For less than $50 you can eat all the meat and vegetables as well as drink all the beer you want for two hours. If you are at the Sapporo Beer Factory, obviously you can only get Sapporo Beer. The meat is usually lamb and there is a seafood option for a bit more. The only catch is you have to cook your own food, but I find that to be part of the fun.
Is it Just Winter Fun?
During the summer in Sapporo, Odori park is filled with temporary beer gardens and people relaxing in the perfect weather. There are a dozen or so options for enjoying a cold beer outside in the cool air. One of my favorite things about Sapporo is the summer. With a peak temperature of 75° degrees you’ll find far more open windows than air conditioners.
During the winter you can go to just about any hill and find a ski resort, but what happens to these places during the summer? They turn into some of the most scenic hiking you can imagine.
My favorite area is a town called Furano (foo rah no) around the geographical center of Hokkaido. If you get there in late June or early July, you can see the lavender fields in full bloom. There is some type of flower blooming from May to October. Also around the Furano area are some active volcanoes that allow hiking. At the top of a few you can see bubbling lava (from a distance).
How Do I Get There?
There are several ways to get to Sapporo depending on your budget. If you want to get there fast and price is not an issue, then flying is the best option. From Tokyo the 90 minute flight would be about $300-500. Check out the GoNomad airfares page for info on flights and travel insurance. The nearest airport to Sapporo is Chitose, located in the city of Chitose.
On the other end, if you aren’t in a hurry and really want to save money, you can take an overnight ferry. Ferries leave from Sendai (northern Japan), Nagoya (near Kyoto), and a few ports on the Sea of Japan side. Fares can be as cheap as $70 each way for a spot on the floor in a big room.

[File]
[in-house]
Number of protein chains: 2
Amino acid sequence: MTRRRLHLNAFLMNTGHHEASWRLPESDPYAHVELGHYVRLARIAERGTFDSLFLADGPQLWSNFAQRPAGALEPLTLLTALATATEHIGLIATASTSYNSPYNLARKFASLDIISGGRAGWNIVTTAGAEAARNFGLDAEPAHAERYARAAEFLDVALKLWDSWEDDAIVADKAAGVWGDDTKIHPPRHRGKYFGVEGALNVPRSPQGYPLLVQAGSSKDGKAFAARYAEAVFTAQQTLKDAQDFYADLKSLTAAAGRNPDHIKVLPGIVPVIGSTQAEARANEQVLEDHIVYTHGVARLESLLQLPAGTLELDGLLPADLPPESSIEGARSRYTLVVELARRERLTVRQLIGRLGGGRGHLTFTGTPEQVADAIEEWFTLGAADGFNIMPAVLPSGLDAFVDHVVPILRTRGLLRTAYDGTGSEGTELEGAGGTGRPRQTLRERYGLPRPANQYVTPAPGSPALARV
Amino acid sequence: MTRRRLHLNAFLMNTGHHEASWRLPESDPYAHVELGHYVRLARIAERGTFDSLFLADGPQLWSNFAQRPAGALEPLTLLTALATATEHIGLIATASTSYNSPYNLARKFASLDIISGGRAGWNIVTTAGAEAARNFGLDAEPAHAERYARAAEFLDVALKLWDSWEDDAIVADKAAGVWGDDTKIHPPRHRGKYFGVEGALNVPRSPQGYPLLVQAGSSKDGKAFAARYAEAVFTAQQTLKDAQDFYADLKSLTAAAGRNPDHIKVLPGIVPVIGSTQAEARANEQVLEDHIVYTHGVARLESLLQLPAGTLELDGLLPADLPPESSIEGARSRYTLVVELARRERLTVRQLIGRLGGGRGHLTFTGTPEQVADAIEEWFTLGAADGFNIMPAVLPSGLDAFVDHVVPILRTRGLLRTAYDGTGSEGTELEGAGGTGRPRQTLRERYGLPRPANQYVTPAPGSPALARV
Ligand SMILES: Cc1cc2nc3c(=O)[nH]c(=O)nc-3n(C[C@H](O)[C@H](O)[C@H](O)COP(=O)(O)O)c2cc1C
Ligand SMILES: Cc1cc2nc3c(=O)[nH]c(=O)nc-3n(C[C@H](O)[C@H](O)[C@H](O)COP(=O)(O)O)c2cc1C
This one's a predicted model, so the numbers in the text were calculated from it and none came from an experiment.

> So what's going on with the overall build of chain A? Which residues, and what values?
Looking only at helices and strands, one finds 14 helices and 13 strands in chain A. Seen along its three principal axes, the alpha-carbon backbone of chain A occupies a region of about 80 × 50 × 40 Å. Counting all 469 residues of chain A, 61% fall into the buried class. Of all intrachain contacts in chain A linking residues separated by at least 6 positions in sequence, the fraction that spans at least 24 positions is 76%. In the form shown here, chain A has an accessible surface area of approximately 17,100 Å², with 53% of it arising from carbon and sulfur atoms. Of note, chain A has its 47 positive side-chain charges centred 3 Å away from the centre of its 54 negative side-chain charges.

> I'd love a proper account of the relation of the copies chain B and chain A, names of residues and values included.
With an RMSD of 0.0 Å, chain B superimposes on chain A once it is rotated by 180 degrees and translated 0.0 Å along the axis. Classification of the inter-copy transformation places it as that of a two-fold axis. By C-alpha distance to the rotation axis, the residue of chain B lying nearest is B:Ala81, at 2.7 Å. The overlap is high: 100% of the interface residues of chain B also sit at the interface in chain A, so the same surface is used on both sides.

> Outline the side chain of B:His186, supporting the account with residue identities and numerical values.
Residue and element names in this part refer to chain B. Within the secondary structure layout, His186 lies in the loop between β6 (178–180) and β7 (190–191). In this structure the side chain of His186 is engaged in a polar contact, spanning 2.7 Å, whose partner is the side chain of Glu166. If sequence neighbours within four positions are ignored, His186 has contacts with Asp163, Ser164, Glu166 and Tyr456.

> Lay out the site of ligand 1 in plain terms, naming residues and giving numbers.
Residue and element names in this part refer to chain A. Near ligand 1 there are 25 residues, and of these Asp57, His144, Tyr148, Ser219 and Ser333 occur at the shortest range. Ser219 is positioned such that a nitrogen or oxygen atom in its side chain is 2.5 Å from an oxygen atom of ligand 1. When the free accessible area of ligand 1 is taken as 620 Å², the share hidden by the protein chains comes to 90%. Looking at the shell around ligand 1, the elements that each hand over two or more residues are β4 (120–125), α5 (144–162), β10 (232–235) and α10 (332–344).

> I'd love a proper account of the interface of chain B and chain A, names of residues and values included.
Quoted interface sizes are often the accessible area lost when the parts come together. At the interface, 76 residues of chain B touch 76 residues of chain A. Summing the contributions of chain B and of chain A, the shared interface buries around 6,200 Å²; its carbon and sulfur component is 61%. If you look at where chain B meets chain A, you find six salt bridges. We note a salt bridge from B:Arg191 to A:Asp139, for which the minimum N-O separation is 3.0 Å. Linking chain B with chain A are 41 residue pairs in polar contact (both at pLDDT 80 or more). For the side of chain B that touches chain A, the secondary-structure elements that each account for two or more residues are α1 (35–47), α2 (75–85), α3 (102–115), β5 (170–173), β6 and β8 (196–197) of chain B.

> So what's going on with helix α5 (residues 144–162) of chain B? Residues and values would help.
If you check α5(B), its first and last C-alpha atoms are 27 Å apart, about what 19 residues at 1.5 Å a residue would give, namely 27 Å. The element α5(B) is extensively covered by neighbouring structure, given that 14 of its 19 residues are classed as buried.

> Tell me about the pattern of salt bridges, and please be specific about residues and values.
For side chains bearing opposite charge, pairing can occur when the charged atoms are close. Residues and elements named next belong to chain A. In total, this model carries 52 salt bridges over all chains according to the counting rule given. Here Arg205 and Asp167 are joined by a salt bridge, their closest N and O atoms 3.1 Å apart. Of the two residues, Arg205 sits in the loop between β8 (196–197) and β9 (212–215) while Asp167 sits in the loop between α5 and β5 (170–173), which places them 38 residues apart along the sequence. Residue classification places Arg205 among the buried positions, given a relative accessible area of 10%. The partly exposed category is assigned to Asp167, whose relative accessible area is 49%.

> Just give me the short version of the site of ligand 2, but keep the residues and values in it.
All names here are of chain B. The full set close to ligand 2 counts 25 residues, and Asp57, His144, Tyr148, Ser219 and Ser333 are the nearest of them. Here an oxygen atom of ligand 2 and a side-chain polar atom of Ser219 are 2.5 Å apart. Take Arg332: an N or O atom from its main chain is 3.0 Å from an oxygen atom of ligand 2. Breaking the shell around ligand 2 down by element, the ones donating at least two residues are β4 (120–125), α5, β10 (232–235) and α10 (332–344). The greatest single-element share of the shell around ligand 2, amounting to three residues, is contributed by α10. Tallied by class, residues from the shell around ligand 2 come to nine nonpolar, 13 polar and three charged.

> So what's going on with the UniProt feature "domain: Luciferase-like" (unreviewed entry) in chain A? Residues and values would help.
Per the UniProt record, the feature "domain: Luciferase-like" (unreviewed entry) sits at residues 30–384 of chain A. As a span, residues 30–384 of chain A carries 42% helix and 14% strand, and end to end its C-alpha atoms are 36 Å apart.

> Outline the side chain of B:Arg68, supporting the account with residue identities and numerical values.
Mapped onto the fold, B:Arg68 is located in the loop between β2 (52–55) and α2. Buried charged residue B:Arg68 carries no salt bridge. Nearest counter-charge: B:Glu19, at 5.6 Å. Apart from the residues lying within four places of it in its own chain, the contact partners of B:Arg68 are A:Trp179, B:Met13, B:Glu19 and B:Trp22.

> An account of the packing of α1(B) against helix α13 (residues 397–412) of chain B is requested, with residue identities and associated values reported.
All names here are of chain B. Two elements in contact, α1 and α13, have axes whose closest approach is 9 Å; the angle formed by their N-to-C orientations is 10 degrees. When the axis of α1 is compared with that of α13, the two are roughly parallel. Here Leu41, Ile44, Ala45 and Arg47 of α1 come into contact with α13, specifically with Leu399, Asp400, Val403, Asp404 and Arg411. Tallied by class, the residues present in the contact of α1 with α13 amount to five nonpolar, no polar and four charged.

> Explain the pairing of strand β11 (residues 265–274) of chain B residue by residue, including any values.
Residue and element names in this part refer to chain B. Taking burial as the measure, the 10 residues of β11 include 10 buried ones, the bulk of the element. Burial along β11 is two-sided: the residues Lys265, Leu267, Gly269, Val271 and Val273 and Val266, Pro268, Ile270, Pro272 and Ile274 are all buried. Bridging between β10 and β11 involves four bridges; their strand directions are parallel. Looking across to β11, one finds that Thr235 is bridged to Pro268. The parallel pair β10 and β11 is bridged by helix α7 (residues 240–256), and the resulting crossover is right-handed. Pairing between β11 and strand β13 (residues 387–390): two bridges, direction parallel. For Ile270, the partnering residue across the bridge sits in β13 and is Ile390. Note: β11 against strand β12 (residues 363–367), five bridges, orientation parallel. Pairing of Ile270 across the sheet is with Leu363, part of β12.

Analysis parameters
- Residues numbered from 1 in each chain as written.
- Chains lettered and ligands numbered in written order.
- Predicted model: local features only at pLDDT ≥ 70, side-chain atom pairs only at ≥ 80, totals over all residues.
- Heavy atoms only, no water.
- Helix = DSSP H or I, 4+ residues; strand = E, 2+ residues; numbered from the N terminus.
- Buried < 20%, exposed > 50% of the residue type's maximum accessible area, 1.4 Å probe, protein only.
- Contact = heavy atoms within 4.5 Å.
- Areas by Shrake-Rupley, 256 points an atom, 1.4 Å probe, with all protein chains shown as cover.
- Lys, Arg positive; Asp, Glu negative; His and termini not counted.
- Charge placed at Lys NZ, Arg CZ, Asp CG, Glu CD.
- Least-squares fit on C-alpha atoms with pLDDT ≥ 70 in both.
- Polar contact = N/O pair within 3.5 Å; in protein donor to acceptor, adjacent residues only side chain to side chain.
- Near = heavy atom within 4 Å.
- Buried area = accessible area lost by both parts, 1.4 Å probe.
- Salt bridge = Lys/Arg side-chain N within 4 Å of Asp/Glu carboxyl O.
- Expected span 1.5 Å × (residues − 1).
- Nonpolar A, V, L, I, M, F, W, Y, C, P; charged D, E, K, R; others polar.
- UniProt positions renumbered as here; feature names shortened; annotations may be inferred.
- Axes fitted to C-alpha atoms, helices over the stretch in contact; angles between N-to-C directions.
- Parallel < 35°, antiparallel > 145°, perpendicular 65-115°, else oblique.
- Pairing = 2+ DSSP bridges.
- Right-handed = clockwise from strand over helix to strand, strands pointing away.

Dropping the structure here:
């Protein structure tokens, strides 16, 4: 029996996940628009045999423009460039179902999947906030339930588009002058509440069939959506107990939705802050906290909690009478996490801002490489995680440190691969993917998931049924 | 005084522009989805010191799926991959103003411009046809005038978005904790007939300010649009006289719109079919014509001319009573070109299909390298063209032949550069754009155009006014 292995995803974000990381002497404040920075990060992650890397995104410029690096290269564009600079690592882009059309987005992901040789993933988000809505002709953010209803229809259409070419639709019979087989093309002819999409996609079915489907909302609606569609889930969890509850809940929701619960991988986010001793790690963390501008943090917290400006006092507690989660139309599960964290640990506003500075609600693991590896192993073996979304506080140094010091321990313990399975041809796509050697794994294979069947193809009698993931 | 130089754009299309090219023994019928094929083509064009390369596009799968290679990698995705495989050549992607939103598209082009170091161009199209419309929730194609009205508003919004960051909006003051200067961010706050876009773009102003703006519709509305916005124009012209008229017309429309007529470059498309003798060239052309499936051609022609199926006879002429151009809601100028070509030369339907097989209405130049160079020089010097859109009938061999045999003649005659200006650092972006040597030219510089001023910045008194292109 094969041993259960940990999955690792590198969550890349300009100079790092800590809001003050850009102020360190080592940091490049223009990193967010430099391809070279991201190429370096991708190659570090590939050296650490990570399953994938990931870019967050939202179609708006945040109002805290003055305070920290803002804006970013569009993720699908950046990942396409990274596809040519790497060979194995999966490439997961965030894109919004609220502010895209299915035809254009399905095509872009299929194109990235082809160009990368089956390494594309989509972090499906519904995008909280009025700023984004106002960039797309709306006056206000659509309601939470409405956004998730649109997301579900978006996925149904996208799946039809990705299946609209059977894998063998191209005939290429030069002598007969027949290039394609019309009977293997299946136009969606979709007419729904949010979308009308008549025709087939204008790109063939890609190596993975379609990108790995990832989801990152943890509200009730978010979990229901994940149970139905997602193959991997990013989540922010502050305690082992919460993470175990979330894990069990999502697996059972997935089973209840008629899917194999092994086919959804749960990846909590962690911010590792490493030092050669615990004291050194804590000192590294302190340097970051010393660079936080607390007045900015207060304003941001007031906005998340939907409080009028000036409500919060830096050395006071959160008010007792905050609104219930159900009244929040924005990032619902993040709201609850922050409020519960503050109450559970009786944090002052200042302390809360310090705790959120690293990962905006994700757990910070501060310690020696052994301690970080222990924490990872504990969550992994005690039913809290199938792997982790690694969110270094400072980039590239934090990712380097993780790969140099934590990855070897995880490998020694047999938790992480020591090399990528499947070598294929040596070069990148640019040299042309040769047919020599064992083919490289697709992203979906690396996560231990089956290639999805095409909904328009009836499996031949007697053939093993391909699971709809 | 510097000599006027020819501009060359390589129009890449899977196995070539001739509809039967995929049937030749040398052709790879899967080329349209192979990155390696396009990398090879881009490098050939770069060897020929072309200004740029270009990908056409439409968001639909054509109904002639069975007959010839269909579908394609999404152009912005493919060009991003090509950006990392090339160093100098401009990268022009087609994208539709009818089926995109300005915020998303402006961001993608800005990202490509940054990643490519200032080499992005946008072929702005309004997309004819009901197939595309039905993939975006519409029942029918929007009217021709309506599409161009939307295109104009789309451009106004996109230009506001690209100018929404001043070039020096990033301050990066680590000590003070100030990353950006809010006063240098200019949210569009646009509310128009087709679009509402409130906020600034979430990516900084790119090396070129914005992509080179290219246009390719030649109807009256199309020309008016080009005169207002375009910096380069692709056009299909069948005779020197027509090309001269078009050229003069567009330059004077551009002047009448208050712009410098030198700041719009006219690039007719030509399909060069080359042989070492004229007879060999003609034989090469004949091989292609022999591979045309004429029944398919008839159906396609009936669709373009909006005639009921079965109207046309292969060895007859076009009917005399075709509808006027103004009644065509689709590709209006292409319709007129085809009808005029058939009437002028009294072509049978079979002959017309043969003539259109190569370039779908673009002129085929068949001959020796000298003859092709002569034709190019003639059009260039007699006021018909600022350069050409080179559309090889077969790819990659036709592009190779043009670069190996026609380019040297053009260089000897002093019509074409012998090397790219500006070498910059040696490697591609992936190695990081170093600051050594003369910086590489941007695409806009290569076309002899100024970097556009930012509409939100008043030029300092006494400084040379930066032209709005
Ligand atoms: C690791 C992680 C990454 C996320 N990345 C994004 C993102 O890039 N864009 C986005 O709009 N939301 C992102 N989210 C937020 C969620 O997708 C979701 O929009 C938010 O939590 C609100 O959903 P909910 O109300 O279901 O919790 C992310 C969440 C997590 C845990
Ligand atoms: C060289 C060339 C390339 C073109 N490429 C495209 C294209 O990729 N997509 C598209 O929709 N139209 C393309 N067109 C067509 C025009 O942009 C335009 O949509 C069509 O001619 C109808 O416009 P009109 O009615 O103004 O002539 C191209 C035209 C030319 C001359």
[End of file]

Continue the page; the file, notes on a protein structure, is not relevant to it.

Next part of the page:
My personal preference is the Cassiopeia overnight train or the cheaper Hokutosei overnight train from Ueno (in Tokyo) to Sapporo. It takes 15 hours and costs about $250 each way, but drops you off right at Sapporo station and technically counts as a hotel one night. A bonus about taking the train is you get to pass through the world’s longest tunnel (33.5 miles).
Once at the station, Odori Park (literally big street), is directly south of the station. There is a subway that runs to the park, but it’s only about a ten-minute walk.
Well past one end is the Okurayama ski jump which was used in the 1972 Winter Games, but is now a practice hill. At the other end of Odori Park is the Sapporo TV tower that resembles Tokyo Tower. I use it as a landmark to find the park when I go exploring. There’s an admission fee to go to the top, but there is a great view.
You need to start planning to visit the snow festival in late August, so if you are interested I would start planning a year in advance. Hokkaido is known for getting a lot of snow, so be prepared for that. The festival is always held in early February.
has been teaching English in Fukushima prefecture Japan for more than four years and loves traveling in his spare time.
Read Ryan McDonald’s story Tokyo on a Budget.